13. Neuromancer by William Gibson–a retelling of the God-Machine Myth for the cyberpunk era, this is considered a classic of the subgenre and Gibson’s masterpiece.
  14. The Hyperion Cantos by Dan Simmons–from God-Machines to Frankenstein creatures, dystopias, apocalypses, cyberpunk, Catholicism, classical myth and the Romantic poets, the two volumes of this series truly have it all.
  15. Contact by Carl Sagan–A lifelong religious skeptic, Sagan’s classic novel follows his lifelong focus to reproachment of the human need for wonder, meaning and love, common themes of religion and faith.

This is by no means an exhaustive list, of course. But given the famous names of both books and authors listed here, it’s obvious that science fiction and religion continue to wrestle with each other at least in literature. And given that science fiction is an examination of the “what ifs” through postulating about the future while examining the present, perhaps that’s appropriate.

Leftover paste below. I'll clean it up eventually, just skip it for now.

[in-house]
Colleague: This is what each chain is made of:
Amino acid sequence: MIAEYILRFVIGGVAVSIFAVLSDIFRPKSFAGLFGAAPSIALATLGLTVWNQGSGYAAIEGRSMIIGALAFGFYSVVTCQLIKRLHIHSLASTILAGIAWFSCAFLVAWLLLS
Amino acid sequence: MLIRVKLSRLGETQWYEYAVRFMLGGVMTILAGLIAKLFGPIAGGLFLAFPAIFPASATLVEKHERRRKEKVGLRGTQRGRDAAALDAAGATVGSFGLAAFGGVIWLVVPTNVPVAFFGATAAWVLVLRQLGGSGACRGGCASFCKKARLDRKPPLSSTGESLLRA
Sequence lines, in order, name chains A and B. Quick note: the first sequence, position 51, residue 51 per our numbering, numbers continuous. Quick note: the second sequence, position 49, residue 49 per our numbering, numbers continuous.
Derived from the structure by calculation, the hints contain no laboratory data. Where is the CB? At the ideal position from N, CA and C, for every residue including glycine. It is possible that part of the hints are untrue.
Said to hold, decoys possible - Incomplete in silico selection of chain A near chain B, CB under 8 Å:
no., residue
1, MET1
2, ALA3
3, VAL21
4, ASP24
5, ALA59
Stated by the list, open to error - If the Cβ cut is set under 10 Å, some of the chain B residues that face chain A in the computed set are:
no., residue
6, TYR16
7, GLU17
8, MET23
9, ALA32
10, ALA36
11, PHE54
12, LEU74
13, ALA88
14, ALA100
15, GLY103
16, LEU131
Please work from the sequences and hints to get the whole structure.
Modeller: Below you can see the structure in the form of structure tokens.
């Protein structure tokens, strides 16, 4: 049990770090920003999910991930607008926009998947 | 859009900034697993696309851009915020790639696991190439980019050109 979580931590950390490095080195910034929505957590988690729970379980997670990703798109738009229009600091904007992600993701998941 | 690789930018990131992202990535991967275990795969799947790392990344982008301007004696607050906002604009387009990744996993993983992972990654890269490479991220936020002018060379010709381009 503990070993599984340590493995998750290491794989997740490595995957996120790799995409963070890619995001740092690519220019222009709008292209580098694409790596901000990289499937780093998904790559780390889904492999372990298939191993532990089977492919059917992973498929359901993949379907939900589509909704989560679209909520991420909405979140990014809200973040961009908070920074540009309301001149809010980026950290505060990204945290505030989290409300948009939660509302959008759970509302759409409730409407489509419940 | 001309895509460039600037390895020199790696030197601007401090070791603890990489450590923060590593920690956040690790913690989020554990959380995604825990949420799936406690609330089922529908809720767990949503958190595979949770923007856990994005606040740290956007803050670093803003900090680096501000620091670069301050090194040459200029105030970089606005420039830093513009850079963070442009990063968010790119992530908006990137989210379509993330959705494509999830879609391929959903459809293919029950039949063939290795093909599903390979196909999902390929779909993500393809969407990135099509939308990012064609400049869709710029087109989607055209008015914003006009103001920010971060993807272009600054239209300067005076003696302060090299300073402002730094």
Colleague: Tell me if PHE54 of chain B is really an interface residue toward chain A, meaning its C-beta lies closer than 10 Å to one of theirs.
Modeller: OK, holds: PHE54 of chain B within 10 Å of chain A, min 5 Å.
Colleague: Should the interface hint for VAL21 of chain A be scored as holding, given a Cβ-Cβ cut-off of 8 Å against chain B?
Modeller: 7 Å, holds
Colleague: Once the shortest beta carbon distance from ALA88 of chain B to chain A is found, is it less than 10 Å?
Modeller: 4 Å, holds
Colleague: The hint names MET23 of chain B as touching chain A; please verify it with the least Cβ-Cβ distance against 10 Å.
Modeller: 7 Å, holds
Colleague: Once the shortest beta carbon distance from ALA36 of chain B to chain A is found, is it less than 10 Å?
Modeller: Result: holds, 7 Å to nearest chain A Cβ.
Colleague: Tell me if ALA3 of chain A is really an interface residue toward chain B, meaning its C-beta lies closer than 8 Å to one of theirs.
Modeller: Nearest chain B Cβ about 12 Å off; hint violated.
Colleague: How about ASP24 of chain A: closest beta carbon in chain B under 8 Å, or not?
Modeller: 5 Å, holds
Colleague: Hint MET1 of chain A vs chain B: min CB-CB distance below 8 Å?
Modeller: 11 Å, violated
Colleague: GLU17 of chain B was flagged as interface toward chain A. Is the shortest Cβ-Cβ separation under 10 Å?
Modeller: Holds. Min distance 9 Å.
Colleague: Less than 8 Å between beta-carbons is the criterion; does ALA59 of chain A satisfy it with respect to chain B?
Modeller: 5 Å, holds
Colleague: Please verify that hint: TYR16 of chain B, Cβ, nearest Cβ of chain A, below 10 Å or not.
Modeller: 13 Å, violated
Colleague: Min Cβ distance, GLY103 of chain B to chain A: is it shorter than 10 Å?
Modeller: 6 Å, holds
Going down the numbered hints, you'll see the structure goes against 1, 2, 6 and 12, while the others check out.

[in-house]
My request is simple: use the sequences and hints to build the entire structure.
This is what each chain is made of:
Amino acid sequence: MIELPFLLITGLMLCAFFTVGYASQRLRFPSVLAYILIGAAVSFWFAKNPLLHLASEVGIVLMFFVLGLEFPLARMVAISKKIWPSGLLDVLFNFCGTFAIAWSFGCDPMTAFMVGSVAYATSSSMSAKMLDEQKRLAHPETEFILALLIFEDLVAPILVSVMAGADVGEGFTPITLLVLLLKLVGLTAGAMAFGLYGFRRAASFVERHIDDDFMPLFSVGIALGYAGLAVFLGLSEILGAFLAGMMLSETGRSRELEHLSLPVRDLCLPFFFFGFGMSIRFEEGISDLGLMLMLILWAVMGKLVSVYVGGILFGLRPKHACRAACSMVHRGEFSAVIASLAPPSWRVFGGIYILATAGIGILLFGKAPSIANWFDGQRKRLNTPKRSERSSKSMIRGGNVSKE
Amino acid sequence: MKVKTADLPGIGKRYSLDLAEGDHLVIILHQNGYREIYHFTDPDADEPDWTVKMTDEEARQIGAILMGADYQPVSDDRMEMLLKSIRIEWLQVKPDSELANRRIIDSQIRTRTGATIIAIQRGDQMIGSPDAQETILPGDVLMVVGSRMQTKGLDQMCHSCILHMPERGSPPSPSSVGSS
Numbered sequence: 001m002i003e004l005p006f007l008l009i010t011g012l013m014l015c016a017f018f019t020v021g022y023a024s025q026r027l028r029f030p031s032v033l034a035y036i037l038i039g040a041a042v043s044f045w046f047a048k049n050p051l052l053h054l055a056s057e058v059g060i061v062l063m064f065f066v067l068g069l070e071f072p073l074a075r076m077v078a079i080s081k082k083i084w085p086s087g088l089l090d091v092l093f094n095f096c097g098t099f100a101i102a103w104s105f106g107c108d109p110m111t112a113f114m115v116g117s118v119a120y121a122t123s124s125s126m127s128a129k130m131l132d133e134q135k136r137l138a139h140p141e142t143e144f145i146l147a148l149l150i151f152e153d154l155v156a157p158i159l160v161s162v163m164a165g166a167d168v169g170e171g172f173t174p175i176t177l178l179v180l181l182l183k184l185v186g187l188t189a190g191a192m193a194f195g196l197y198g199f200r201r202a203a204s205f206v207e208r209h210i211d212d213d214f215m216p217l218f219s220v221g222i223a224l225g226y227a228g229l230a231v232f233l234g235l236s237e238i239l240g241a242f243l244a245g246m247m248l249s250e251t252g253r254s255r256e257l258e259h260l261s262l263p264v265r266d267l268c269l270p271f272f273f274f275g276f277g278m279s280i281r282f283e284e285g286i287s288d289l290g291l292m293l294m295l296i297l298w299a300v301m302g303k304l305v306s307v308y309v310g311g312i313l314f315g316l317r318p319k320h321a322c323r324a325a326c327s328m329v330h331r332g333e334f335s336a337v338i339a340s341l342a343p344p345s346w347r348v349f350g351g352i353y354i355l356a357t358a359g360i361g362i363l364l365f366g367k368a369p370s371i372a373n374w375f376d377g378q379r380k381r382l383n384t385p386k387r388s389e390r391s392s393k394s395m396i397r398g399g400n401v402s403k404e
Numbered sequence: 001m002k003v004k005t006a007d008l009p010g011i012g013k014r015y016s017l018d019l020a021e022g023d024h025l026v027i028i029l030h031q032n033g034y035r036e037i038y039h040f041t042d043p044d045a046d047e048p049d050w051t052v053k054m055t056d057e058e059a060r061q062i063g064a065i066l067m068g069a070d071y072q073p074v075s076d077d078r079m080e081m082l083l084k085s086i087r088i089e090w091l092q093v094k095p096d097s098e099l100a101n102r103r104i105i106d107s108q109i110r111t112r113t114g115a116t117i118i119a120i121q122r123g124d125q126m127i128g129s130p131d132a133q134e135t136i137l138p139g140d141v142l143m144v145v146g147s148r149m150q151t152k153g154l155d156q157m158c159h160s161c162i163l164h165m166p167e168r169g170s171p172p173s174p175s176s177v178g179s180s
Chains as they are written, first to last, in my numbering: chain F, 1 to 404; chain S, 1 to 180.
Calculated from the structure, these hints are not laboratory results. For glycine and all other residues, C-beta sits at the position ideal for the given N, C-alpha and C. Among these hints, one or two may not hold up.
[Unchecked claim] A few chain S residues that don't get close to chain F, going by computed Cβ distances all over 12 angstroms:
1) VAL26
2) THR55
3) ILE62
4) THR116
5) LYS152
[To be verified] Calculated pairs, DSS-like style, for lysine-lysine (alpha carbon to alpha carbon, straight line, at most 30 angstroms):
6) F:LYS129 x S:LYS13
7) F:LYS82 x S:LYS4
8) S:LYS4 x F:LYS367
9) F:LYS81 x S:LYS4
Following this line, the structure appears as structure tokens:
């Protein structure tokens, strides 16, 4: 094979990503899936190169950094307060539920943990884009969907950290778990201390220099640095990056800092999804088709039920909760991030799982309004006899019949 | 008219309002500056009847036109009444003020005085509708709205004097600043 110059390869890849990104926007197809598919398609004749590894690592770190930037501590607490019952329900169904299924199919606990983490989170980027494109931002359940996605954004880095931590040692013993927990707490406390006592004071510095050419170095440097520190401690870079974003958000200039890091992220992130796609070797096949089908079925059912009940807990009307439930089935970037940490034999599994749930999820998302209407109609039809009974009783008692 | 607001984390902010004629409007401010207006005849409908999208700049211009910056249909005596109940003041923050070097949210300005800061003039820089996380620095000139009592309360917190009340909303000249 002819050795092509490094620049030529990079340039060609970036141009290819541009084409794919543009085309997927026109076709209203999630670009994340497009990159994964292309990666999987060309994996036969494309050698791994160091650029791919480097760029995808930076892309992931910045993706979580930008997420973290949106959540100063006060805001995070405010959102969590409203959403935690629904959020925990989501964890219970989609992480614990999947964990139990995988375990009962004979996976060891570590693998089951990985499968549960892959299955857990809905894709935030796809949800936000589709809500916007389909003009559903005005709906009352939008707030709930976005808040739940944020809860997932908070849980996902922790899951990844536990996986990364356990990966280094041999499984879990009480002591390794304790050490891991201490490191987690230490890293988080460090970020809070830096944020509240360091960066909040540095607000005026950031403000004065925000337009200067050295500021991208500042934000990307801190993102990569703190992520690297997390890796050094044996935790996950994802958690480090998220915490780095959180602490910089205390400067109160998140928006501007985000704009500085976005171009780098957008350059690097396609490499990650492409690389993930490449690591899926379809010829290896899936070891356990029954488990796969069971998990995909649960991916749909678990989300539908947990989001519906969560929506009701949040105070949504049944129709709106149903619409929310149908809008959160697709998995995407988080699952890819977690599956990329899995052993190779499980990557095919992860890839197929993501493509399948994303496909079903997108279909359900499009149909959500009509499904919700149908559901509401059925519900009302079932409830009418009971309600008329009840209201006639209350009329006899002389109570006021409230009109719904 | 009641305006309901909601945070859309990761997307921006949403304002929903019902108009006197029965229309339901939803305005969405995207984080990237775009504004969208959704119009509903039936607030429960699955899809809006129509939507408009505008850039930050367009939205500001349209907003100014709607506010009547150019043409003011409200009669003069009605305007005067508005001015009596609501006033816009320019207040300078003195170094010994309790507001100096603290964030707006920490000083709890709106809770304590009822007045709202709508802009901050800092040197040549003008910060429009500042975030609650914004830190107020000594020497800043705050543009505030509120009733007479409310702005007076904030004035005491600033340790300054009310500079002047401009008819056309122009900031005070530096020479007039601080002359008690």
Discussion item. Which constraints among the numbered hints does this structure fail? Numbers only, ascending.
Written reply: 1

[Editor’s Note: Bryan’s blog tour continues tomorrow at The New Author.]

14 thoughts on “[GUEST POST] Bryan Thomas Schmidt Lists 15 Classics of Science Fiction and Fantasy With Religious Themes”

  1. Lyn: Significant with a supposed reference to Exodus  2:22 in the title but yet the themes as I recall, it’s been 20 years since I read that, are more about religion and its dangers overall rather than a God-machine or other type plot theme. It definitely fits in spiritual themes. As I said, my list was not in any way complete.

  2. I wish your choices included more than just Catholic & atheist books (although those are two of my favorite religions), but those are all great books.  I’m especially glad Gene Wolfe topped it.  Philip K. Dick would make an interesting addition, especially the Valis “trilogy”.